Reason 1: Follow the money.  UCLA’s Lewis Center began in 1989 with a $5 million donation from Ralph Lewis, a successful private sector developer whose construction firm built thousands of homes in California, Nevada, and Utah. 

Reason 2: Who are the Directors? The Lewis Center’s Board of Directors is a who’s who of public and private officials, and, like its founder, includes several real estate developers

Reason 3: Who are the staff people?  The Lewis Center’s Housing Initiatives Housing Manager is a former employee of Abundant Housing, LA’s YIMBY organization.  Abundant Housing partners with and is partially funded by California Yimby, which investigative reporter Patrick McDonald has identified as a Big Tech lobbying organization committed to trickle-down housing policies.  While this Reaganesque approach has succeeded in building luxury housing, it has, according to McDonald, totally failed in building low priced housing

Reason 4: Who gets funding? The Lewis Center is a home to UCLA faculty and non-tenured advocates who champion free market housing policies. It offers them a platform to directly spread their ideas through its own publications and forums.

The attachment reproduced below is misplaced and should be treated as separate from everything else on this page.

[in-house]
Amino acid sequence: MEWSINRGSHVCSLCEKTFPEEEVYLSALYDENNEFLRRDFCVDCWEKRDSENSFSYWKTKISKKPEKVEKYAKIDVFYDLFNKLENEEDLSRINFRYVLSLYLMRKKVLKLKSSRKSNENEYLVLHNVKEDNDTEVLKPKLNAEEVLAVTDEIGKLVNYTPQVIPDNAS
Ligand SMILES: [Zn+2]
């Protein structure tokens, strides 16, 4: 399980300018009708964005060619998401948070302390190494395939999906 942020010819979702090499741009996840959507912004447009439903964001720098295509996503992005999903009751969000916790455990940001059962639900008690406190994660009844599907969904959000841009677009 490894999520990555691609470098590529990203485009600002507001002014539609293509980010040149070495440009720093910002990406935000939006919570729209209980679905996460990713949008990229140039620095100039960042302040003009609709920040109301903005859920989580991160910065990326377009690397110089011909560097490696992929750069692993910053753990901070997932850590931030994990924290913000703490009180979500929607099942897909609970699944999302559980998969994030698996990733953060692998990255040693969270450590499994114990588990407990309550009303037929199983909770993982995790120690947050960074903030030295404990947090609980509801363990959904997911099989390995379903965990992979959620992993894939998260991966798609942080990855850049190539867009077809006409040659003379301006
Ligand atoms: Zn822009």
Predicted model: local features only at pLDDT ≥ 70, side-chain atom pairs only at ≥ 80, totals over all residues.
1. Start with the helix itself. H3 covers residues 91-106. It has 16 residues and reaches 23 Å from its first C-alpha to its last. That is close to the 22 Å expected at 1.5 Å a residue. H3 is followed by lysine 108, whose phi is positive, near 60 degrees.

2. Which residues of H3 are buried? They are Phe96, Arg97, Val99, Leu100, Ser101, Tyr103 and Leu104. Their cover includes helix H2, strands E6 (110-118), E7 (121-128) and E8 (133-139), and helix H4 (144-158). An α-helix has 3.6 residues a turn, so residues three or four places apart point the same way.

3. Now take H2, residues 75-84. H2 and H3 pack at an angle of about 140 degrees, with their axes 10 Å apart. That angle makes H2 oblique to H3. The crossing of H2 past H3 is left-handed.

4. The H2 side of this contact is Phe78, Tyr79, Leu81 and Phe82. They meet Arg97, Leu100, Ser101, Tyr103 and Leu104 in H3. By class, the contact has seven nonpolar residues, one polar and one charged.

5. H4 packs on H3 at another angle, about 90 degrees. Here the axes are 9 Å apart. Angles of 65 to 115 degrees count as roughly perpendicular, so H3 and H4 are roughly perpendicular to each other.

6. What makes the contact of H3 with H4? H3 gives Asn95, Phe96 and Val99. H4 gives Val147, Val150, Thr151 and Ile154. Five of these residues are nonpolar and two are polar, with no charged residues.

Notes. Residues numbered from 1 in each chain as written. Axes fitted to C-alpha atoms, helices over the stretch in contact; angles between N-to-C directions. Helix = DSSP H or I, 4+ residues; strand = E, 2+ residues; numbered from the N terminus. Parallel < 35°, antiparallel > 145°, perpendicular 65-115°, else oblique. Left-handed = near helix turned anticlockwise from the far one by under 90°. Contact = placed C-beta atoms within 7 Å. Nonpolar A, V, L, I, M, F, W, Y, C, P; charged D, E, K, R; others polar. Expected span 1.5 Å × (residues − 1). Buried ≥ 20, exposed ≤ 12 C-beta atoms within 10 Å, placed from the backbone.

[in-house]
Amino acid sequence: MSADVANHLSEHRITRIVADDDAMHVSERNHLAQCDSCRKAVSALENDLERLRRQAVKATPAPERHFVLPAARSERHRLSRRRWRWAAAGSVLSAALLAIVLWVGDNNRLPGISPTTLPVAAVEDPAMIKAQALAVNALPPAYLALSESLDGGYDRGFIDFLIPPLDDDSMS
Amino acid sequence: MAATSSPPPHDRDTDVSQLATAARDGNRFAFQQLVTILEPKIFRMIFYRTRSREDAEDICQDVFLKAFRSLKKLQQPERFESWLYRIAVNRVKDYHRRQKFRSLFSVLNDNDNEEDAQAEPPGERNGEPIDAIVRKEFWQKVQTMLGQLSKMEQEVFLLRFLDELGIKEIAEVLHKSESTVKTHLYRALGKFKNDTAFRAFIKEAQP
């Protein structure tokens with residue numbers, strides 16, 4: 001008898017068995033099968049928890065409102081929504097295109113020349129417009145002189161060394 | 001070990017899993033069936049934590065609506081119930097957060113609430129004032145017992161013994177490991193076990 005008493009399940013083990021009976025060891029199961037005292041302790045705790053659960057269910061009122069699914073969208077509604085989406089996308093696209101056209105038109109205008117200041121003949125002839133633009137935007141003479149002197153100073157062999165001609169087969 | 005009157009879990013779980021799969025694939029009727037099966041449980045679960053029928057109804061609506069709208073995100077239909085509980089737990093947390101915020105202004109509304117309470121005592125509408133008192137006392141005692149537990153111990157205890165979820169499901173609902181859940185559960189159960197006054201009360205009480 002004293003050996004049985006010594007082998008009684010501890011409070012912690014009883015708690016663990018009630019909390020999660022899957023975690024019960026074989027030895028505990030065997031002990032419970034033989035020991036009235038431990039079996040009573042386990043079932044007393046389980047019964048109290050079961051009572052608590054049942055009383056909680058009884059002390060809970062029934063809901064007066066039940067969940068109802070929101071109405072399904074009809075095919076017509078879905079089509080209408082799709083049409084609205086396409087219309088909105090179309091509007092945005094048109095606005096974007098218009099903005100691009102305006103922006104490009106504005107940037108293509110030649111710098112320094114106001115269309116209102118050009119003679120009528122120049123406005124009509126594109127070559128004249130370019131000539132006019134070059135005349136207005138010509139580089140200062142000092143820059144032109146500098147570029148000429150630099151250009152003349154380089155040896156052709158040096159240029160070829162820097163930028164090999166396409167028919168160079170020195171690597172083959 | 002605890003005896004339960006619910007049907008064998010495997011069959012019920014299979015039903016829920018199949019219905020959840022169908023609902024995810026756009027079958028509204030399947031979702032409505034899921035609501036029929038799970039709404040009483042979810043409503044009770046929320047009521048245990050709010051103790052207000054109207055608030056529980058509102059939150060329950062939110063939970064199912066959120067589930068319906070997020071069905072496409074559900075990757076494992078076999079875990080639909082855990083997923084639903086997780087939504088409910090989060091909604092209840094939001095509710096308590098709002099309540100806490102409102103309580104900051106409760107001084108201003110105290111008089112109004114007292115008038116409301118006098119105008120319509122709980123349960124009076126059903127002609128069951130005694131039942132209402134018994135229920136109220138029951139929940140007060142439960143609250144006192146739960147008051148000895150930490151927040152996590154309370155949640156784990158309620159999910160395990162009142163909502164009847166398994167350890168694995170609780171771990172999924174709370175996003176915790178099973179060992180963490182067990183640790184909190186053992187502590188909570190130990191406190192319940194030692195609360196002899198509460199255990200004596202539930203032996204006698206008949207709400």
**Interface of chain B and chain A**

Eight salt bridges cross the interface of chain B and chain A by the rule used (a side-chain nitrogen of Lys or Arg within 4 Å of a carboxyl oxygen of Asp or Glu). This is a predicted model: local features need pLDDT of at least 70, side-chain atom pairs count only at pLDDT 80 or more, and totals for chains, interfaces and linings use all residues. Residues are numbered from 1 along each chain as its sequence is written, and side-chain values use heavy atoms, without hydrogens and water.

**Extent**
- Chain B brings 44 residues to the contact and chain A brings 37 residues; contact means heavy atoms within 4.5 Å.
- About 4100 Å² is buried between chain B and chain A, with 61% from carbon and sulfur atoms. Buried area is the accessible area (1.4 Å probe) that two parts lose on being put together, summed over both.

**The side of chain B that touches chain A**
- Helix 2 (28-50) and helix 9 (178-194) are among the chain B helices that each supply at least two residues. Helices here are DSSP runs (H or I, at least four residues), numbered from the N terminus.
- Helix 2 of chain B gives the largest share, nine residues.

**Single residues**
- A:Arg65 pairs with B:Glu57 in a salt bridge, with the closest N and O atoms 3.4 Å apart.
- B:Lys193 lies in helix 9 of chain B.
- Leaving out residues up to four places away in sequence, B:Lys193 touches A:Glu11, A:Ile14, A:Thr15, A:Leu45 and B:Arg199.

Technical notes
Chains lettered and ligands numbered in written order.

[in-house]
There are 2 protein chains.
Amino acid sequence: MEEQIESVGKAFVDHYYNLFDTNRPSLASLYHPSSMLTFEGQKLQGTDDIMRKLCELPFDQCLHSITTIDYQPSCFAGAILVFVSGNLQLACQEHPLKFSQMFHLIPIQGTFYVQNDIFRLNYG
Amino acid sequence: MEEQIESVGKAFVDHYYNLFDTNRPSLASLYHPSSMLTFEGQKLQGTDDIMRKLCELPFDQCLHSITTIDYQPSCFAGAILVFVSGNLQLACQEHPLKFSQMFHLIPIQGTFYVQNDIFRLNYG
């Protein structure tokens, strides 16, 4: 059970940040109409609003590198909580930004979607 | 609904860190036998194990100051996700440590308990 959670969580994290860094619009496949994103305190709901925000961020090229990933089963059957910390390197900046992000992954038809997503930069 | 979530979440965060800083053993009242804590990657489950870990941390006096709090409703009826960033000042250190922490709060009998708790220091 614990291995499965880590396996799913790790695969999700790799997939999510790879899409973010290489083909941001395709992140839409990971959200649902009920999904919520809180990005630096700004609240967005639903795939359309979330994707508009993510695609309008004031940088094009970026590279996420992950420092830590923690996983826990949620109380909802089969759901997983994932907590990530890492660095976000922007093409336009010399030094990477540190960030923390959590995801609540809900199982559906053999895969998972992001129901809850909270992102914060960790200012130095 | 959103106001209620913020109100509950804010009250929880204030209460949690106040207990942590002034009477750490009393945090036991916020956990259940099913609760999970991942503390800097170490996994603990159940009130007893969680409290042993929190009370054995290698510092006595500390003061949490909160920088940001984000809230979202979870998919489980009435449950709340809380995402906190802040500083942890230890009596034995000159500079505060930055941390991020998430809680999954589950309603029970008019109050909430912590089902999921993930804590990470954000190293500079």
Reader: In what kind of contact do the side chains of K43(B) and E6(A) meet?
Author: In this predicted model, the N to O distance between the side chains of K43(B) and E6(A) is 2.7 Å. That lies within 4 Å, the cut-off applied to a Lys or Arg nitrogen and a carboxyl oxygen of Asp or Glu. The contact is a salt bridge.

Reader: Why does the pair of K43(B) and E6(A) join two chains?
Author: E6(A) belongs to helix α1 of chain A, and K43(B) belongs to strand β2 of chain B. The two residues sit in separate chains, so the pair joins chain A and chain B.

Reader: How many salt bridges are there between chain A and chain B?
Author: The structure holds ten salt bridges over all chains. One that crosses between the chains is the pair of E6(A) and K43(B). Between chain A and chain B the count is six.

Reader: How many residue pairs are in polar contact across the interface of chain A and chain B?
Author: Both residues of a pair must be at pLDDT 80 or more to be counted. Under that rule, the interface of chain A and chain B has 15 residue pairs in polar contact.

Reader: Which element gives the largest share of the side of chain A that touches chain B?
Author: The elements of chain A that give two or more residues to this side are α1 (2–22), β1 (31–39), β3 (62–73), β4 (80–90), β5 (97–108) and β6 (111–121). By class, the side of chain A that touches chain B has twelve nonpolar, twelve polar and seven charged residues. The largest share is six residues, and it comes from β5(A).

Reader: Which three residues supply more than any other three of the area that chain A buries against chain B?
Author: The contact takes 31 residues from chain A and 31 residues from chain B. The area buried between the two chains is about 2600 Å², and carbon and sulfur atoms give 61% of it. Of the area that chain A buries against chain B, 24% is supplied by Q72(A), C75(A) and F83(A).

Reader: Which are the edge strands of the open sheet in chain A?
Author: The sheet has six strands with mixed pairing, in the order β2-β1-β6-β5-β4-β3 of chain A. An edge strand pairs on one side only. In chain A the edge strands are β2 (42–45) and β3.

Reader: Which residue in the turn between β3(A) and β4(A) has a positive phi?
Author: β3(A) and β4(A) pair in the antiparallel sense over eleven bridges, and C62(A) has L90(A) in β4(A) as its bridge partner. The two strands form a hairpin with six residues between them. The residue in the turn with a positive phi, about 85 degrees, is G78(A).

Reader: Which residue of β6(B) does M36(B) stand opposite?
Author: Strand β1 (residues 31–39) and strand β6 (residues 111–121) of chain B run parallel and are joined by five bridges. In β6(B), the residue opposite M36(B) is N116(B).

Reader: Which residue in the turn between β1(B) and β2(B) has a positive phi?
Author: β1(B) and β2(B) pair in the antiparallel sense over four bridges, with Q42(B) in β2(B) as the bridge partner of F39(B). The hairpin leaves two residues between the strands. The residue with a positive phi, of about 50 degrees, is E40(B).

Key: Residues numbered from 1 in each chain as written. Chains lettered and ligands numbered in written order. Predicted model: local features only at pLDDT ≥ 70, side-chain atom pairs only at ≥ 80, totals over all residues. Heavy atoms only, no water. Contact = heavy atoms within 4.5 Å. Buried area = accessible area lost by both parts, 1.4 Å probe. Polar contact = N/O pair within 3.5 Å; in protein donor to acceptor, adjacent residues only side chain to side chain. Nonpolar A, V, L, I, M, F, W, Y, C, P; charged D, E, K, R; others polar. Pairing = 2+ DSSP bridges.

As long as the money flows, there will be loyalists who claim that by green-lighting the construction of expensive apartments cities can rely on private developers to build their way out of the worsening housing crisis.  As for the growing number of homeless encampments that their policies create, cities like LA allocate more than half of their discretionary budget to policing.  By turning to the LAPD, the pols ensure that the consequences of their folly temporarily disappears from view.


(Dick Platkin is a former Los Angeles city planner who reports on local planning issues for CityWatchLA.  He serves on the boards of United Neighborhoods for Los Angeles (UN4LA) and the Greater Fairfax Residents Association.  Previous Planning Watch columns are available at the CityWatchLA archives.  Please send comments and corrections to [email protected].)